LGBT Washington resident fears repeal of same-sex marriage rights

In his unanimous opinion, Justice Clarence Thomas suggested the court reconsider same-sex marriage. It’s been legal in Washington for almost a decade.

SEATTLE — In his unanimous opinion to overturn the nation’s constitutional protections for abortion, Supreme Court Justice Clarence Thomas called for a review of decisions related to contraception, same-sex activity and same-sex marriage.

Washington state has held legal same-sex marriages since 2012. State Supreme Court Justice Mary Yu presided over the first at the King County Courthouse — a moment she fondly remembers.

“We were really excited because we felt that nobody should wait another minute, which is why we decided to do it at midnight, and yet there is a level of concern,” Judge Yu said. “Part of me thought in the back of my mind, is this really real? Will something bad happen? Can we really do this? And then I wanted to make it perfect for those couples too.”

The first marriage she consummated was coincidentally to a couple she had also managed an adoption for. Since then she has given hundreds of concerts every year.

“It means everything and it has meant everything,” Yu said. “It was really a public acknowledgment of relationships and their families. But people don’t just marry because they love each other, but because there are really tangible benefits that marriage offers people.”

Jason Houston is engaged. He said he appreciates knowing that he and his fiancé have the legal right to nationally recognized same-sex marriage.

“I’m from Mississippi and we were really concerned that if we’re not in Washington state we’ll have to go from state to state, wherever we want to live, we’ll have to justify ourselves again and try to explain why our marriage.” Houston said. “That’s one of the things that Obergefell did for us was validate those marriages statewide, and of course that includes federal benefits for things.”

He said he was concerned by evidence to reconsider not only the Obergefell ruling, which affected gay marriage, but also the Lawrence ruling, which prevented the criminalization of same-sex activity.

“Different Supreme Courts interpret different things in different ways and we have a much more conservative judiciary than in years past, so I think there’s a real risk that a lot of these issues will be revisited and we won’t even start with marriage annulment , but could also face criminal penalties in these cases,” Houston said.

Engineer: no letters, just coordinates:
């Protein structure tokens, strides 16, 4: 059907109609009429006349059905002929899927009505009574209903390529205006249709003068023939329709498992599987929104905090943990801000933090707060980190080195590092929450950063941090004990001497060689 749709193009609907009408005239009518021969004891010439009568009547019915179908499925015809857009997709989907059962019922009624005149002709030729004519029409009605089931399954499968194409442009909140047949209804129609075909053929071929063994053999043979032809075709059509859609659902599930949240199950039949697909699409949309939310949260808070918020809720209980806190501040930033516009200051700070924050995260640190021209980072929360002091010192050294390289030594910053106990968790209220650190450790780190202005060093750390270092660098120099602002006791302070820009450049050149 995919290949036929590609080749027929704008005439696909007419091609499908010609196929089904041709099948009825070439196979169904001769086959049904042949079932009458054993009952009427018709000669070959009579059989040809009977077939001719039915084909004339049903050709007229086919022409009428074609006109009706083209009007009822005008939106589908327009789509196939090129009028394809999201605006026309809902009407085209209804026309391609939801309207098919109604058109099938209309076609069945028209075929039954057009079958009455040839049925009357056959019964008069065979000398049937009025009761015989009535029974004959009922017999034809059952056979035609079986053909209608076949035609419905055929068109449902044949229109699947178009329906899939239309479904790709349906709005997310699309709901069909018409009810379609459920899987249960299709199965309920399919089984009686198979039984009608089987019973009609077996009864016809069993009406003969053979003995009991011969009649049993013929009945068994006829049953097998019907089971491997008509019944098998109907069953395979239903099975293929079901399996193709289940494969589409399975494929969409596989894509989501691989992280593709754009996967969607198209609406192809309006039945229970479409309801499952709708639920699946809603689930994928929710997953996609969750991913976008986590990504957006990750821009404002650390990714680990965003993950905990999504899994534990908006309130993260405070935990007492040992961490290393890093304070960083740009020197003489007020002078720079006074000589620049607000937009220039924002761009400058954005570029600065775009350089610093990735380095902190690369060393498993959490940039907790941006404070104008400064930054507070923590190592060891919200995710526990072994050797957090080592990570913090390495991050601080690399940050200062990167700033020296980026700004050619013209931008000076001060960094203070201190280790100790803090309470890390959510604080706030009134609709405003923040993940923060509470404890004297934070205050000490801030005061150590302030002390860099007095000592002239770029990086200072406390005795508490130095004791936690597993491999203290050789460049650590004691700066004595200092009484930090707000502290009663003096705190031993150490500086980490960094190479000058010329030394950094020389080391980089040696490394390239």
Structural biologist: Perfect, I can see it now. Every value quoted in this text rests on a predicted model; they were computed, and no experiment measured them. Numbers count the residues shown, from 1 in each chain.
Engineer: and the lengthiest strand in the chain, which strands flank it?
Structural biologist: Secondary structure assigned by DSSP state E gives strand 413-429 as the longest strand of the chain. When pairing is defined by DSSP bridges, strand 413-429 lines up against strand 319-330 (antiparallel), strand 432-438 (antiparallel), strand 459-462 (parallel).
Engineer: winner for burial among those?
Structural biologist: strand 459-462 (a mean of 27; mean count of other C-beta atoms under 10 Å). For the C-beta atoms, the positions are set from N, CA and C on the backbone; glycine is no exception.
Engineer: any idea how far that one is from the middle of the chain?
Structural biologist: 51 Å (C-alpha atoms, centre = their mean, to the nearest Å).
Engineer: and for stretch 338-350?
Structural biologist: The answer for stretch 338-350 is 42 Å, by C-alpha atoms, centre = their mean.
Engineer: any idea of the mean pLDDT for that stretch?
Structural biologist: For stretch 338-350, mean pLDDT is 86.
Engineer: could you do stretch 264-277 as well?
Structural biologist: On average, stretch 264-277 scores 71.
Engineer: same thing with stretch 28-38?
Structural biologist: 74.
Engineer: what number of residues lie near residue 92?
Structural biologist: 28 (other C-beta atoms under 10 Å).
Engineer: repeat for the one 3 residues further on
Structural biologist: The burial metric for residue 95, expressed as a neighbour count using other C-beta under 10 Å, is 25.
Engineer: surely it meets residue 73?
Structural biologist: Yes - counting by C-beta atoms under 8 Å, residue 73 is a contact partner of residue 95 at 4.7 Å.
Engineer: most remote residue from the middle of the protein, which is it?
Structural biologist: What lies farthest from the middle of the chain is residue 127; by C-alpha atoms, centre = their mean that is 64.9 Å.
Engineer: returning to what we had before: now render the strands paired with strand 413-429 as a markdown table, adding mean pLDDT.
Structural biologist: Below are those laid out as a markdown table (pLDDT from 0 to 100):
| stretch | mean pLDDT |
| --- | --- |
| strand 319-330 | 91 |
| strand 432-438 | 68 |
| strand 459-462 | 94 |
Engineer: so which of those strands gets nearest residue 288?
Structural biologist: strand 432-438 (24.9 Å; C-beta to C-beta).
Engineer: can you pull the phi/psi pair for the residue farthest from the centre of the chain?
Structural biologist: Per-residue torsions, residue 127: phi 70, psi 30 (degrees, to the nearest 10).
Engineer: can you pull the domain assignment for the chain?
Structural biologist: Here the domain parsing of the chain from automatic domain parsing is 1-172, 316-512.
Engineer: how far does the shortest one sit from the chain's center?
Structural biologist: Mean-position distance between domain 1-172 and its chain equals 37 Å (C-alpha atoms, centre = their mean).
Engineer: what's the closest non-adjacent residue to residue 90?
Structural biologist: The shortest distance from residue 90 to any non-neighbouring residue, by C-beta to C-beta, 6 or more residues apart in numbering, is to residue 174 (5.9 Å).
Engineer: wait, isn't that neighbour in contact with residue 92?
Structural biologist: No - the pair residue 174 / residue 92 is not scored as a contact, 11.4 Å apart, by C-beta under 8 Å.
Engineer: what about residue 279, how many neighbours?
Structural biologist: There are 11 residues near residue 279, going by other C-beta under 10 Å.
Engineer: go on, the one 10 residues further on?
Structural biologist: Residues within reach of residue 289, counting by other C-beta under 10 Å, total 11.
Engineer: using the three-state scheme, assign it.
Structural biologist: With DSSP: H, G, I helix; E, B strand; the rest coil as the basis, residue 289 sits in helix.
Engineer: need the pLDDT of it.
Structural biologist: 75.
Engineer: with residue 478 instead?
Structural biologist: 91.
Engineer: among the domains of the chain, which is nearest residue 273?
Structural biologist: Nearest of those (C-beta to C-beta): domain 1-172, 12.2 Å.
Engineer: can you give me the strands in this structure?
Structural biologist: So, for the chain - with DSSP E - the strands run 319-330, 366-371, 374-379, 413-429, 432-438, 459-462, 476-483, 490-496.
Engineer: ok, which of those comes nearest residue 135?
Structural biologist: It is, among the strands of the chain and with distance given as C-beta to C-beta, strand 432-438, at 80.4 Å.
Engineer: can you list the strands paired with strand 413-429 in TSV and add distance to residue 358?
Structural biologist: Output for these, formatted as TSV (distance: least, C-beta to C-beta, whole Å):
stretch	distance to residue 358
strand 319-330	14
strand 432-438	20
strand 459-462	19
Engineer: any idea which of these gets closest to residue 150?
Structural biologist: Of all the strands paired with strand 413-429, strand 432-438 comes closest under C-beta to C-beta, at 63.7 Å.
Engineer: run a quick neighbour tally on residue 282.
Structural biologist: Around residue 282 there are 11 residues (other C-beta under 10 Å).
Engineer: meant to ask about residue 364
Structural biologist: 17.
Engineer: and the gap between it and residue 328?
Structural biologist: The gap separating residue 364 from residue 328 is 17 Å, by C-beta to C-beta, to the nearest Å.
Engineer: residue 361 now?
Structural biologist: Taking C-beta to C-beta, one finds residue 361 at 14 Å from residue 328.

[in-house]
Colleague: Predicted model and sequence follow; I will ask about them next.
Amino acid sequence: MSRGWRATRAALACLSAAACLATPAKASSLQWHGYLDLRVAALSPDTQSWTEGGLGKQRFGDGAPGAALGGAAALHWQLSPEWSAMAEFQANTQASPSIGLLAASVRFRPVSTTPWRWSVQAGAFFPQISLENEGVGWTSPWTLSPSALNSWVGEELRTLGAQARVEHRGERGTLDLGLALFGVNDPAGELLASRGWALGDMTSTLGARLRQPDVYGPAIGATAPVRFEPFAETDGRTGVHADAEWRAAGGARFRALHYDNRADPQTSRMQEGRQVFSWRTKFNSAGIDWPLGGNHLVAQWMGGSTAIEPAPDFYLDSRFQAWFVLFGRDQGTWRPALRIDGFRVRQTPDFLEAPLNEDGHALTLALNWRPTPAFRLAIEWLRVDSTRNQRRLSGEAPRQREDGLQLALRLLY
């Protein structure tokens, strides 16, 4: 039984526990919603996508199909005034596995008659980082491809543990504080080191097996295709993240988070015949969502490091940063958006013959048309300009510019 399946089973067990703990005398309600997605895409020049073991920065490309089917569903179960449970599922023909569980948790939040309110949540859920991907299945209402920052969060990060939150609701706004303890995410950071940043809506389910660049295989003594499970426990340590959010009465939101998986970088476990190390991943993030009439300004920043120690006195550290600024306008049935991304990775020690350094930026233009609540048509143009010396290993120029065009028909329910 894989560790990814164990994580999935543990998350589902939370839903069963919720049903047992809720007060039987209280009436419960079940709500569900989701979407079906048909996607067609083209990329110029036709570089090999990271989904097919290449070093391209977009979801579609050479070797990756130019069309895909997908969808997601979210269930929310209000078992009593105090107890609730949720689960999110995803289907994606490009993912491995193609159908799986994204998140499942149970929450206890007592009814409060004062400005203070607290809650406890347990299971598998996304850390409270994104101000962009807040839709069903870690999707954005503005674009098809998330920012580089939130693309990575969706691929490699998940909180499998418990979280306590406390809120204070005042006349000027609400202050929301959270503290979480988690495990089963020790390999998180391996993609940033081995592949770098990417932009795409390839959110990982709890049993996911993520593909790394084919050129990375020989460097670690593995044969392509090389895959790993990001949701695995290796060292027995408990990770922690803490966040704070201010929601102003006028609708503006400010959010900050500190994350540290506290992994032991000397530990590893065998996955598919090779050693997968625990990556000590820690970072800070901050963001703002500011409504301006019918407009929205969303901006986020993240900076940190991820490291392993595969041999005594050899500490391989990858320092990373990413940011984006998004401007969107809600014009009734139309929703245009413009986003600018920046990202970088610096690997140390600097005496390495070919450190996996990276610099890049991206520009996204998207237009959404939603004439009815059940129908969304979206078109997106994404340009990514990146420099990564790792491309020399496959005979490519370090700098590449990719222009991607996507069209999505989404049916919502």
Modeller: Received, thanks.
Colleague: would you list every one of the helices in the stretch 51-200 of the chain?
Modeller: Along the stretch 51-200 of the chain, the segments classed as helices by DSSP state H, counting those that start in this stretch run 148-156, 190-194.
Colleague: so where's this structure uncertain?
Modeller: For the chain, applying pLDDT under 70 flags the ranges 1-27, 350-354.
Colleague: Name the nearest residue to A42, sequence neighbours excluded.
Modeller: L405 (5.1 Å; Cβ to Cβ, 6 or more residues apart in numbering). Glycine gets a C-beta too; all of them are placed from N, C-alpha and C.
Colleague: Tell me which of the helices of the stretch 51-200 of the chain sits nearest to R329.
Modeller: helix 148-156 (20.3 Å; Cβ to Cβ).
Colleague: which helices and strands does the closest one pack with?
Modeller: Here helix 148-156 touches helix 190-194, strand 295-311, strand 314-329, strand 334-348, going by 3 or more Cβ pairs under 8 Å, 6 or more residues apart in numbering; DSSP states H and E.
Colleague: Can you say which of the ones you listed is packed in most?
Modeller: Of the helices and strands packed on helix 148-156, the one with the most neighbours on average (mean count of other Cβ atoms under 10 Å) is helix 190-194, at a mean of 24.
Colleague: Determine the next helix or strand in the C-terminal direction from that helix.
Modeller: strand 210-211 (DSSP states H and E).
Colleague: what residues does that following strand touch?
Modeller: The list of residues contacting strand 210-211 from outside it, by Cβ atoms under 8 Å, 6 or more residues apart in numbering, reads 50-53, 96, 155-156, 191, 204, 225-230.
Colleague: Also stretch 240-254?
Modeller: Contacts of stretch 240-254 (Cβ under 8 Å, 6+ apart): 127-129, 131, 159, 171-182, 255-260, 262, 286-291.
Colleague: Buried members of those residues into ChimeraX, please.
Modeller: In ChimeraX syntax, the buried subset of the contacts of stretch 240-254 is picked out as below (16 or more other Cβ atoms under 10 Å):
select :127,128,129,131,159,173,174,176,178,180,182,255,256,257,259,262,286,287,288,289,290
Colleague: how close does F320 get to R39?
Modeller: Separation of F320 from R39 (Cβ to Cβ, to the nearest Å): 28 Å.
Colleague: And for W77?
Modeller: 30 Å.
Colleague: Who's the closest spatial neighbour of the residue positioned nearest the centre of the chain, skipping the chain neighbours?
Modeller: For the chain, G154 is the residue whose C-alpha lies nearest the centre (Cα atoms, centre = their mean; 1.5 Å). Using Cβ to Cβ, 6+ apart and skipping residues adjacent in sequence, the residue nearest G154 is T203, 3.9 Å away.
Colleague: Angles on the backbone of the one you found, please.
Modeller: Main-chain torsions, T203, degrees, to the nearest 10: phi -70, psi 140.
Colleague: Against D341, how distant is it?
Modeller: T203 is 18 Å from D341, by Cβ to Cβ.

Yu said she understands people’s concerns about whether the same-sex verdict could be appealed, although she said it’s important to know for now that people still have their rights.

“It is Washington state law that anyone can marry and no marriage will be reversed or unrecognized, and I do not foresee any future where same-sex couples cannot marry each other,” Yu said.

Houston hopes communities will have solidarity with one another at this moment.

“I think it’s important for us to stand up for marginalized communities and I say that as a gay man, but we’re not the only ones and we have to be here to speak up and stand up for what’s right and To make sure that this Supreme Court doesn’t take any rights away from us, especially after we’ve worked so long to get them in the first place,” Houston said. “It’s criminally unfair to me to have this chance on the composition of the court .”

As Seattle celebrates Pride, Yu said it’s also important to celebrate the progress already made.

“In light of Pride weekend, I would like to invite everyone to celebrate that love is love, love is real and sincere, and now is the time to celebrate the rights we have,” Yu said. “And while people worry about the future or where we’re going, the moment is right now. Celebrate a sunny day in Seattle, celebrate Pride, celebrate the fact that in Washington state we can marry the person we love. “ LGBT Washington resident fears repeal of same-sex marriage rights

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